opinion/analysis University of Melbourne academic Rod Tucker attracted strident criticism this week for his claim that Malcolm Turnbull’s Multi-Technology Mix approach to the National Broadband Network will result in Australia remaining an “Internet backwater”. However, the unfortunate reality is that Tucker’s comments are all too accurate.
If Tucker — also one of the NBN expert panellists who recommended Labor proceed with the FTTP model in the first place — was seeking to stimulate a reaction with his opinion piece on The Conversation this week arguing that the Coalition’s approach to the NBN was “slow, expensive and obsolete”, then he certainly achieved his aim — in spades.
The howls of protest about the widely published article have been deafening all week.
Perhaps the most vibrant criticism of Tucker’s article came from Herald Sun columnist Terry McCrann, a long-time critic of Labor’s near-universal fibre model, who accused those backing the “fantasy” Fibre to the Premises model of “complete financial indifference verging on total financial illiteracy” for supporting it.
McCrann even went so far as raising that old hoary chestnut that it was foolhardy of the previous Labor Government to commit billions to upgrading Australia’s fixed-line broadband infrastructure at the same time as “mobile broadband” was becoming increasingly popular. Wow. I thought we had put that one to bed a while ago — with even the likes of Telstra agreeing Australia cannot run on mobile infrastructure alone — but obviously not.
However, the NBN company itself has been hardly less strident, with its chief executive Bill Morrow feverishly talking up the potential for Telstra’s copper network to deliver gigabit speeds to Australians using the G.Fast standard and the company’s public affairs manager Tony Brown spruiking the MTM model as a “game-changer for the Australian economy”.
Communications Minister Malcolm Turnbull has been relatively quiet on the topic this week, but it’s not like the Member for Wentworth needs to fire up the rhetoric when his loyal lieutenants in the Murdoch press and the NBN company itself are doing such a good job on his behalf. He can leave the MTM cheer squad to its own devices at this point.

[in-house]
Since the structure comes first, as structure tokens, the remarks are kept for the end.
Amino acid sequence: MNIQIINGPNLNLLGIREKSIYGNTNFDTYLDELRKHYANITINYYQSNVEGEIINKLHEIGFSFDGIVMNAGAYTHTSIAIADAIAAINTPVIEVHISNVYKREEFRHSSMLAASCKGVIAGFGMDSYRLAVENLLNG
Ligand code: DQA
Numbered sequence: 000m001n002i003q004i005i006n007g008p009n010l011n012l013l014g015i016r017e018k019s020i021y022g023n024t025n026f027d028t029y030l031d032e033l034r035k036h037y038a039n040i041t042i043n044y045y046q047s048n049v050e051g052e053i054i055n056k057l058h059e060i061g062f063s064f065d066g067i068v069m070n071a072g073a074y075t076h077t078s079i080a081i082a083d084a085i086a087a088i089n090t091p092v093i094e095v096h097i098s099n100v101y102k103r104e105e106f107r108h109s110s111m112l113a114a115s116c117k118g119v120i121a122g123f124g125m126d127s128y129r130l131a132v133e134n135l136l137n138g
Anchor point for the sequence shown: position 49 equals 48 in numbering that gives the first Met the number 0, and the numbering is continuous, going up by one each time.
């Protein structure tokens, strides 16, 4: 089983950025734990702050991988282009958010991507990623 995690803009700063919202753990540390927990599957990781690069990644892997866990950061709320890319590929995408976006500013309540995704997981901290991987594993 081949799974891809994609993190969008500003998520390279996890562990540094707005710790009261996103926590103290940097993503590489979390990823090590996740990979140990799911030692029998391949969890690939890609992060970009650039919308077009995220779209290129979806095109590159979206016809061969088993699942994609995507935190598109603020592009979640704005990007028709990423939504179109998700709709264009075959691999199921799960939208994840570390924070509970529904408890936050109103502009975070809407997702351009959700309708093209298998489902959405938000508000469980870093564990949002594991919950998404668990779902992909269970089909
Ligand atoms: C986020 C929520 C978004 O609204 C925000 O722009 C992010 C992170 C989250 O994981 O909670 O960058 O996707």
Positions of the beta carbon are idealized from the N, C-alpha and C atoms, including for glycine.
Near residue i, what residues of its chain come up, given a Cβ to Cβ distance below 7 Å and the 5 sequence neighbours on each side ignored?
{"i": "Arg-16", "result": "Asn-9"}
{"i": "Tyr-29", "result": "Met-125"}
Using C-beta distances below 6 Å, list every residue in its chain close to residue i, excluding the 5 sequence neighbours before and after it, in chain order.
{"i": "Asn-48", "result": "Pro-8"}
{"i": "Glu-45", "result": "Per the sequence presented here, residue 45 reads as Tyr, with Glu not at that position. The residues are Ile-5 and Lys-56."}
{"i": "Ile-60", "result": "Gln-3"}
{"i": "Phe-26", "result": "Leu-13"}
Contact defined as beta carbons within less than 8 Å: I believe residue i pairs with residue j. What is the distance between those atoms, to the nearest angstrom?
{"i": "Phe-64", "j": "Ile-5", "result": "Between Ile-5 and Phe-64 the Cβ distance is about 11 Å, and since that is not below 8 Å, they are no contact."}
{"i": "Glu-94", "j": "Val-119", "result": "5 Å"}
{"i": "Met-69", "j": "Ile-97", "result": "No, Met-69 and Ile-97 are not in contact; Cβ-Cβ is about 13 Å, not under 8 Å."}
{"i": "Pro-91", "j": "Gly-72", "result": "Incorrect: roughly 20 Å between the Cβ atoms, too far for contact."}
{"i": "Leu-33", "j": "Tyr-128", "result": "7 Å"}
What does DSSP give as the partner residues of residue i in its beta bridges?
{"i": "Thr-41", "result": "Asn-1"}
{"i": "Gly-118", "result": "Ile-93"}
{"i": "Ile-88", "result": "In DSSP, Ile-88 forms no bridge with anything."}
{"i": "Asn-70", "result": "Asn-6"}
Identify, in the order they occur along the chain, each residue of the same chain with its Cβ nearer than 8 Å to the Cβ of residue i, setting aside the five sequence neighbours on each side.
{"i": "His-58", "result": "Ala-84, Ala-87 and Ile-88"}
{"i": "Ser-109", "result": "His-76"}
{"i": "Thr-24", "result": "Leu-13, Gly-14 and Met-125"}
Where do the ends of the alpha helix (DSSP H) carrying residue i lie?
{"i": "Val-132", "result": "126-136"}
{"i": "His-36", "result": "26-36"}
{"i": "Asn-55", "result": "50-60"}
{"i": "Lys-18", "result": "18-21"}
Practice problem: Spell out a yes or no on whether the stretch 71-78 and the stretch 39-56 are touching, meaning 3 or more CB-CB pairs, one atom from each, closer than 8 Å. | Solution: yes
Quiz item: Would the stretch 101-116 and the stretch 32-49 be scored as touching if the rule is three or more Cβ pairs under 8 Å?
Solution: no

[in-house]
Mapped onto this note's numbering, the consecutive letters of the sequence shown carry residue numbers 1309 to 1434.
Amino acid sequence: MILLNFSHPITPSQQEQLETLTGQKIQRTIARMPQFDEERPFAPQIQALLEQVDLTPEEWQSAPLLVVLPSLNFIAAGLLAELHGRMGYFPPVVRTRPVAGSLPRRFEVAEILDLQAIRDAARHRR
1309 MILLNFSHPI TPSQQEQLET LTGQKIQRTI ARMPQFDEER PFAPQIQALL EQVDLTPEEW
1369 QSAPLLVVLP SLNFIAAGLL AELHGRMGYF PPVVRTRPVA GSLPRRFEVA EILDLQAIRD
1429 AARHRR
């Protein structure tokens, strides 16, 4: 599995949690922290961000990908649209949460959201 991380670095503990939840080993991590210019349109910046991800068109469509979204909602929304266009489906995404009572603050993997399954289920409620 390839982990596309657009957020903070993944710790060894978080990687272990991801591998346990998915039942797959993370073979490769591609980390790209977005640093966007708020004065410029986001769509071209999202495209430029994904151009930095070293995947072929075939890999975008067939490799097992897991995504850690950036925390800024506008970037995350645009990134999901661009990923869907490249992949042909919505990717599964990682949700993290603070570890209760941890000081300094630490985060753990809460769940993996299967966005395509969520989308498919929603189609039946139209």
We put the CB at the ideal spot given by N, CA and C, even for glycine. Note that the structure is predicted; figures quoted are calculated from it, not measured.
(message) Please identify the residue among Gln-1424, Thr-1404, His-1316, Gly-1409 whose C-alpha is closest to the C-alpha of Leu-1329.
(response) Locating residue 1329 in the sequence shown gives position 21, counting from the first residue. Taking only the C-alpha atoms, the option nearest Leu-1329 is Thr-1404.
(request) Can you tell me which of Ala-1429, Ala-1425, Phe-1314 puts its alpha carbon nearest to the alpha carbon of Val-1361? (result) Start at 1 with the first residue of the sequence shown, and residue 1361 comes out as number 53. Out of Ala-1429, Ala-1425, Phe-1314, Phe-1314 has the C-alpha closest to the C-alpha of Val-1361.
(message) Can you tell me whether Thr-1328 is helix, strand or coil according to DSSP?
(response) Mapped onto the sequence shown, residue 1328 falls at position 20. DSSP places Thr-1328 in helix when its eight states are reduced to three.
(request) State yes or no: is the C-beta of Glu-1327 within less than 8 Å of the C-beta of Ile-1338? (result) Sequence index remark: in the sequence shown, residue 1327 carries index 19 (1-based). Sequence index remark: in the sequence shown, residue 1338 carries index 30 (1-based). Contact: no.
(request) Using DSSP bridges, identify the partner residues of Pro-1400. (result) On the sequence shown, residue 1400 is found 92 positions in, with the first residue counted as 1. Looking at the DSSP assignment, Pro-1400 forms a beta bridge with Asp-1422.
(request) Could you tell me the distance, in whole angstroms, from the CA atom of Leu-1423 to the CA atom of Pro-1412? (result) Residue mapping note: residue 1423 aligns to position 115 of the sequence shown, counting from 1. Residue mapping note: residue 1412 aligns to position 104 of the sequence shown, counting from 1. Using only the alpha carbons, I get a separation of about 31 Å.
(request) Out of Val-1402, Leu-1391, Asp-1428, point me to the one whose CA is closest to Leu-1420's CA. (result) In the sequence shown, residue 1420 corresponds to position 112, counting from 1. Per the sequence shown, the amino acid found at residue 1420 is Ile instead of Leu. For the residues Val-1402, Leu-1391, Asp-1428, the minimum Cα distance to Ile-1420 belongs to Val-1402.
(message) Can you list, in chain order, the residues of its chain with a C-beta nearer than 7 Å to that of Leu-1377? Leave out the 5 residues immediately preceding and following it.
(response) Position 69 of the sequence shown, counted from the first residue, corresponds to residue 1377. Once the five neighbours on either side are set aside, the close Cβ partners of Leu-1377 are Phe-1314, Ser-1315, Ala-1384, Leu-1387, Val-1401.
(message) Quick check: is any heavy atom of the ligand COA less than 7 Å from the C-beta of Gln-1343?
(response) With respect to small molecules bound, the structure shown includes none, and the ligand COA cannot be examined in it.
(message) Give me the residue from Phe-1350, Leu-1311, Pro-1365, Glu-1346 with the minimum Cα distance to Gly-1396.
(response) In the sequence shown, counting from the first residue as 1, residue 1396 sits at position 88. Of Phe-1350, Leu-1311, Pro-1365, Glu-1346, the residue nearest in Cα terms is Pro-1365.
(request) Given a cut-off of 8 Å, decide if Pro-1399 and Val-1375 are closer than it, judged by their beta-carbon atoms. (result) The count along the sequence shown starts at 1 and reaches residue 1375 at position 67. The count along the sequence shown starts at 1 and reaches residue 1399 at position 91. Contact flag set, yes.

However, as with a number of similar cases recently — one might recall a similar reaction when Singaporean telco MyRepublic touched base in Australia last month — methinks this might be yet another case of the lady protesting a little too much.
Why, after all, one much ask, does the NBN company feel it necessary to bring out its biggest guns to utterly refute the comments of a single academic such as Tucker? Why does it feel it necessary to schedule interview after interview on radio and in the press to counter his criticism?
Why does a Herald Sun columnist like Terry McCrann feel the need to whale on Labor’s previous FTTP model with all the vitriol at his command? And why do the NBN company’s representatives themselves feel it necessary to highlight McCrann’s so obviously one-sided comments through social media, for those readers who may not have caught them at first flight?
The answer is that Tucker hit a nerve.
A close reading of the points which the telecommunications academic makes in his article reveals them to be relatively uncontroversial — even, it must be said, difficult to debate at all.
Tucker merely points out that by the NBN company’s own published data and modelling, Tony Abbott’s Coalition Government will not be successful in meeting its oft-repeated promise to deploy a version of the NBN that would be sufficiently fast, more affordable and quicker to roll out than Labor’s previous FTTP model.
These facts are quite well-established at this point, using the NBN company’s own material.
Only several weeks ago the NBN company revealed that the Coalition’s version of the project had blown out in costs by up to $15 billion. Its network rollout of Fibre to the Node and HFC cable technologies is proceeding at a snail’s pace, with most of the NBN company’s actual progress directly attributable to the FTTP model put in place originally by Labor.